DS: Do you think this is the year the men’s 4×100-meter relay team gets back on top of the podium?

BJ: I don’t think people really understand how difficult that race is. You’ve got a baton that’s a foot long. You’ve got 20 meters for the hand-off zone. You’ve got guys coming in at 25 mph. It’s a lot harder than it looks, and at the end of the day, it has nothing to do with coaching. Athletes just make mistakes. Nobody wants to put it on the athletes, but sometimes, that is what it is.

DS: Usain Bolt says he is planning to retire after Worlds. Do you think these are his final races?

BJ: I think he goes out at 2020. If they [the competition] were to run 9.7 or 9.6, then maybe this would be it. But they’re going to run 9.8 and 9.9. He knows he can roll out of bed and do that. He may miss next year and 2019, but he’s still the prohibitive best.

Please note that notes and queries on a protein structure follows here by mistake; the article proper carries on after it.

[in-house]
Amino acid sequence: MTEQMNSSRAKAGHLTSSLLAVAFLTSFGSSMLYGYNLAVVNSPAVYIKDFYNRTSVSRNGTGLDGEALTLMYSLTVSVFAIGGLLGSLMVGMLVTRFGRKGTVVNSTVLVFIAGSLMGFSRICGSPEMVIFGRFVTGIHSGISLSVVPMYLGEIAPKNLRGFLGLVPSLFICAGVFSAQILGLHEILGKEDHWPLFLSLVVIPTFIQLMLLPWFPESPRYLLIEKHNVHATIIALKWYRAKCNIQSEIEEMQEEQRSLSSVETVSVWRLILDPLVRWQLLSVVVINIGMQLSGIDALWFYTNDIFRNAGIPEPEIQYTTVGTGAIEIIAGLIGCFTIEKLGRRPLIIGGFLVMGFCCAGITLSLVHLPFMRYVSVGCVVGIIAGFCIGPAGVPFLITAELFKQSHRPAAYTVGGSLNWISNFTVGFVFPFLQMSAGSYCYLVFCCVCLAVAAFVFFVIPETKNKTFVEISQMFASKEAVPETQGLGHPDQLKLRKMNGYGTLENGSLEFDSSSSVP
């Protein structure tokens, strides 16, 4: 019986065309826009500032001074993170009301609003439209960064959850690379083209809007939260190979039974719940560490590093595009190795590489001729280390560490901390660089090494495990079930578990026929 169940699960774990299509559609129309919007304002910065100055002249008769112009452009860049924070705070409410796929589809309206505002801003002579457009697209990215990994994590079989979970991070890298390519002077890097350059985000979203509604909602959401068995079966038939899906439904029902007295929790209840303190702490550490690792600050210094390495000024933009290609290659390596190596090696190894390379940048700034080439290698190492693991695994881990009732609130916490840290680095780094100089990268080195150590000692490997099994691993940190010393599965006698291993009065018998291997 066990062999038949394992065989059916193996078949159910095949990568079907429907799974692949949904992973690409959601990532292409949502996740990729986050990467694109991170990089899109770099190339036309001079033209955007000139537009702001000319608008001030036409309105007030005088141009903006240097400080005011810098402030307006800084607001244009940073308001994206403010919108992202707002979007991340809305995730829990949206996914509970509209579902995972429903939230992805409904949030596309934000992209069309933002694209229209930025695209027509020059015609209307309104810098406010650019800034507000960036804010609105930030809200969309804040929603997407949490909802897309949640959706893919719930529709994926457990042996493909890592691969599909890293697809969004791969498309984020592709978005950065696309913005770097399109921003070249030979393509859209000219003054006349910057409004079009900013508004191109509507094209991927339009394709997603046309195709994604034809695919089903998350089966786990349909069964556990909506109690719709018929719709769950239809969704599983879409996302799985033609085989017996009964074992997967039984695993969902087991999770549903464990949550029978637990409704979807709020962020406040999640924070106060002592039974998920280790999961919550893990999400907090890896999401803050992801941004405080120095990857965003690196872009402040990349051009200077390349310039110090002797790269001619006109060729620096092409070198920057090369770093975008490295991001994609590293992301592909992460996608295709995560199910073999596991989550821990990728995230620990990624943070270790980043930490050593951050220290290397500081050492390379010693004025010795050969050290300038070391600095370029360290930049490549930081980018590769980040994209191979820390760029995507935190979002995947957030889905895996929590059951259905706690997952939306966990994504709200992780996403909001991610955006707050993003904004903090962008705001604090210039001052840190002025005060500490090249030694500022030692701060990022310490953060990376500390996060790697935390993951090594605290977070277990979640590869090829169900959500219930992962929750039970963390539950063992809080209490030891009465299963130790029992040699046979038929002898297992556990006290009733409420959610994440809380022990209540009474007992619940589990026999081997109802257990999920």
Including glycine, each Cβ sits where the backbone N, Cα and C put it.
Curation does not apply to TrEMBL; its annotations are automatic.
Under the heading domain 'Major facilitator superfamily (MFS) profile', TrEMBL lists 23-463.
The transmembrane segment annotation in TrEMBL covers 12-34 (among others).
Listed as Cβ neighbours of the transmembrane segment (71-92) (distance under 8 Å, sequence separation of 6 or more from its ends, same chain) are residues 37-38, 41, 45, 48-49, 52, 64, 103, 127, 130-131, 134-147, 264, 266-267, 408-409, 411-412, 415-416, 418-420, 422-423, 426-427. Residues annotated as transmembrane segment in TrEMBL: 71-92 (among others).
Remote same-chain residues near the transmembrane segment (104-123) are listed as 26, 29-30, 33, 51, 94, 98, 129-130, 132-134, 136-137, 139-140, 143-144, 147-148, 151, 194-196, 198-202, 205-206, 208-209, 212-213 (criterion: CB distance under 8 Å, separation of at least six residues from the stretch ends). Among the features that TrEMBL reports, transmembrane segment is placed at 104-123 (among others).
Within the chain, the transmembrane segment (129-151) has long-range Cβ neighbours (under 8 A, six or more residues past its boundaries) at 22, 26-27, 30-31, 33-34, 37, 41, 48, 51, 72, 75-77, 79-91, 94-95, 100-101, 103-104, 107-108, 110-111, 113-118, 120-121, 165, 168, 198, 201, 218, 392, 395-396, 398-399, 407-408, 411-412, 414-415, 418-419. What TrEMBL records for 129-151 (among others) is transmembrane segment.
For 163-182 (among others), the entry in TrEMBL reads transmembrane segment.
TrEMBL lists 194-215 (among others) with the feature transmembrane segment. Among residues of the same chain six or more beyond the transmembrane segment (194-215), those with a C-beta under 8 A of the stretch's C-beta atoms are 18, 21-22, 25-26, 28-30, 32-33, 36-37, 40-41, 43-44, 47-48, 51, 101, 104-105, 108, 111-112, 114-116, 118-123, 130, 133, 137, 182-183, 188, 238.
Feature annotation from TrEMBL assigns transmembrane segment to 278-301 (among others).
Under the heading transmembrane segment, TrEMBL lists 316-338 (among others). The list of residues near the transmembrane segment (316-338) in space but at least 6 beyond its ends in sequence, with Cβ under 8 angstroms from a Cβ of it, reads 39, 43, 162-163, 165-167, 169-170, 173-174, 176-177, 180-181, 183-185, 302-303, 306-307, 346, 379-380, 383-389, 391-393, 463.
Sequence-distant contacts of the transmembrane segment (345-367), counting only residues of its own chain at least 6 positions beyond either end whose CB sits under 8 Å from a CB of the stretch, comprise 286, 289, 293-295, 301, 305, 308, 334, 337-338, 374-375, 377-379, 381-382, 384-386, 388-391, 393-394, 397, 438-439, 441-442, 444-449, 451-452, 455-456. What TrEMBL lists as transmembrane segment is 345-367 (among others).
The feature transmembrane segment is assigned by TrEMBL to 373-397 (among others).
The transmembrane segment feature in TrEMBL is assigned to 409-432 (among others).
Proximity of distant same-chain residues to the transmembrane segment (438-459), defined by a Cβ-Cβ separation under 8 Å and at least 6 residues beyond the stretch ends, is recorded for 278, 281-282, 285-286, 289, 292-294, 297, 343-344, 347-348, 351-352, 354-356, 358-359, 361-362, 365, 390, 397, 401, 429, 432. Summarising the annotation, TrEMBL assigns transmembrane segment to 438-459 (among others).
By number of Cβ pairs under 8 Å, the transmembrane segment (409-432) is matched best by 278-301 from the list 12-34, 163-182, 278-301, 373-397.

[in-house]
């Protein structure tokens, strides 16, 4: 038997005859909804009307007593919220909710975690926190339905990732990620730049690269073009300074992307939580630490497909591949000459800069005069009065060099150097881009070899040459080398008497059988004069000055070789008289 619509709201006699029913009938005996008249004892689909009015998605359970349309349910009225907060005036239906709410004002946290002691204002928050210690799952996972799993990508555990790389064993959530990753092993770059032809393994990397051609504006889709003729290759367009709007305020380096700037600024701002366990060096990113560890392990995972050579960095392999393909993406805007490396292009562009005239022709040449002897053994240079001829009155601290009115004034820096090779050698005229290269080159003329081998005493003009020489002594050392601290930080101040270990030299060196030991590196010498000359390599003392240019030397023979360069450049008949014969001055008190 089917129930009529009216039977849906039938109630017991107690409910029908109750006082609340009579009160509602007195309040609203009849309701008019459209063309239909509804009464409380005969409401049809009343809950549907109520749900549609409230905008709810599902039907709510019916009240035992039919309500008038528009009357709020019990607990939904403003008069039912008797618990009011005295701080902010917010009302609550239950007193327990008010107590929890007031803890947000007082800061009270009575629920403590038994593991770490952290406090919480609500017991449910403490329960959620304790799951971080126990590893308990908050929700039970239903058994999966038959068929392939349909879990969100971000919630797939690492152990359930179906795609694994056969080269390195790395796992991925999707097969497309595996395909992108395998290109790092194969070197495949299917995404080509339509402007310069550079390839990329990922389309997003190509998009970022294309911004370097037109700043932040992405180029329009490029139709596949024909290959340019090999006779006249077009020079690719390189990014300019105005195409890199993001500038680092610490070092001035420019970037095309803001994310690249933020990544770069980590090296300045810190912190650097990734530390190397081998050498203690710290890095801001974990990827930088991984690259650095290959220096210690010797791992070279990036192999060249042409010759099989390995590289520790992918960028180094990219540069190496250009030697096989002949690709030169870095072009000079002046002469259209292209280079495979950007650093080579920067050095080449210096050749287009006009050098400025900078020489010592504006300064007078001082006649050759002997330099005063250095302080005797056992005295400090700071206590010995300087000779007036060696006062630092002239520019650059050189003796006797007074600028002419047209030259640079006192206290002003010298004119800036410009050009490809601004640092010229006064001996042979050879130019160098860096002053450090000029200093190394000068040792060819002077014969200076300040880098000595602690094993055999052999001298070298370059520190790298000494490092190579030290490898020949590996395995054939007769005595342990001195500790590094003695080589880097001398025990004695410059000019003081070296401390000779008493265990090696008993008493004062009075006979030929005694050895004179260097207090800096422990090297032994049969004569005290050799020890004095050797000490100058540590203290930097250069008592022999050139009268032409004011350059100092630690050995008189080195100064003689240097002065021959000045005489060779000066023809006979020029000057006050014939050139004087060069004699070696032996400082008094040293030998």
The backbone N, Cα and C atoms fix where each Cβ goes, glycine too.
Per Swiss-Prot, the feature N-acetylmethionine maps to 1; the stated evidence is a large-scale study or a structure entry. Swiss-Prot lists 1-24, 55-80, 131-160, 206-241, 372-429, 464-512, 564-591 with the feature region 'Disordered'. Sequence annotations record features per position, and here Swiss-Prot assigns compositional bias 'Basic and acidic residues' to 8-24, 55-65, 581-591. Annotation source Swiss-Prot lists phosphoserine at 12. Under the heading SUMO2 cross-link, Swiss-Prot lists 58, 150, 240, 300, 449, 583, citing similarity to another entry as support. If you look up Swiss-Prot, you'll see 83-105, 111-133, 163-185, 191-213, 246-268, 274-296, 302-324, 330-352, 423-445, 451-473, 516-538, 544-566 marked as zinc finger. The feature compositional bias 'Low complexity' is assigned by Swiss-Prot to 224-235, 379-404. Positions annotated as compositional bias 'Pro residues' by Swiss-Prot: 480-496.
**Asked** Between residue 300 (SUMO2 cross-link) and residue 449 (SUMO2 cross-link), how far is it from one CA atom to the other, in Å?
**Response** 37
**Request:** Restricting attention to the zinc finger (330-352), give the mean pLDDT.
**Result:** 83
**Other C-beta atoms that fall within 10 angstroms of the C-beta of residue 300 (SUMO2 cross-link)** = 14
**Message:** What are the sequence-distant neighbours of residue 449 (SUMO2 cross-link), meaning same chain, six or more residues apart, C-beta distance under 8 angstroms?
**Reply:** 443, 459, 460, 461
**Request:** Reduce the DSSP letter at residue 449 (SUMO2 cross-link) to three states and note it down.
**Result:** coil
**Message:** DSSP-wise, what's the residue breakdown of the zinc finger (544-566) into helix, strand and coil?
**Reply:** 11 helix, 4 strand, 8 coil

DS: Do you think anyone has a shot at catching him this weekend?

BJ: This weekend, maybe, since he’s not in his best shape. This is probably the most competitive field for the 100-meter race since 2004. From 2008 until 2016, it was pretty predictable. But now, less so. Justin Gatlin could challenge him, or Bolt’s training mate, Yohan Blake.

The thing about Bolt is his timing. He’s facing his competition when they aren’t at their best, so he doesn’t have to be at his best. The one time he was facing a competitor at their best who could have beat him was in 2011, and Bolt false started. Timing has really worked out for him in his career.

DS: Any events that could lend a surprising result?

BJ: If we don’t win the women’s hurdles events. Eight of the top nine times in the world right now are American women and we have four competing this weekend. The Olympic champion won’t be there but the world record holder will be. But then Sally Pearson, the girl from Australia, who won it in 2012 will be there, and she’s looking really good. But if the U.S. doesn’t win the women’s hurdles events, that would be something of a surprise.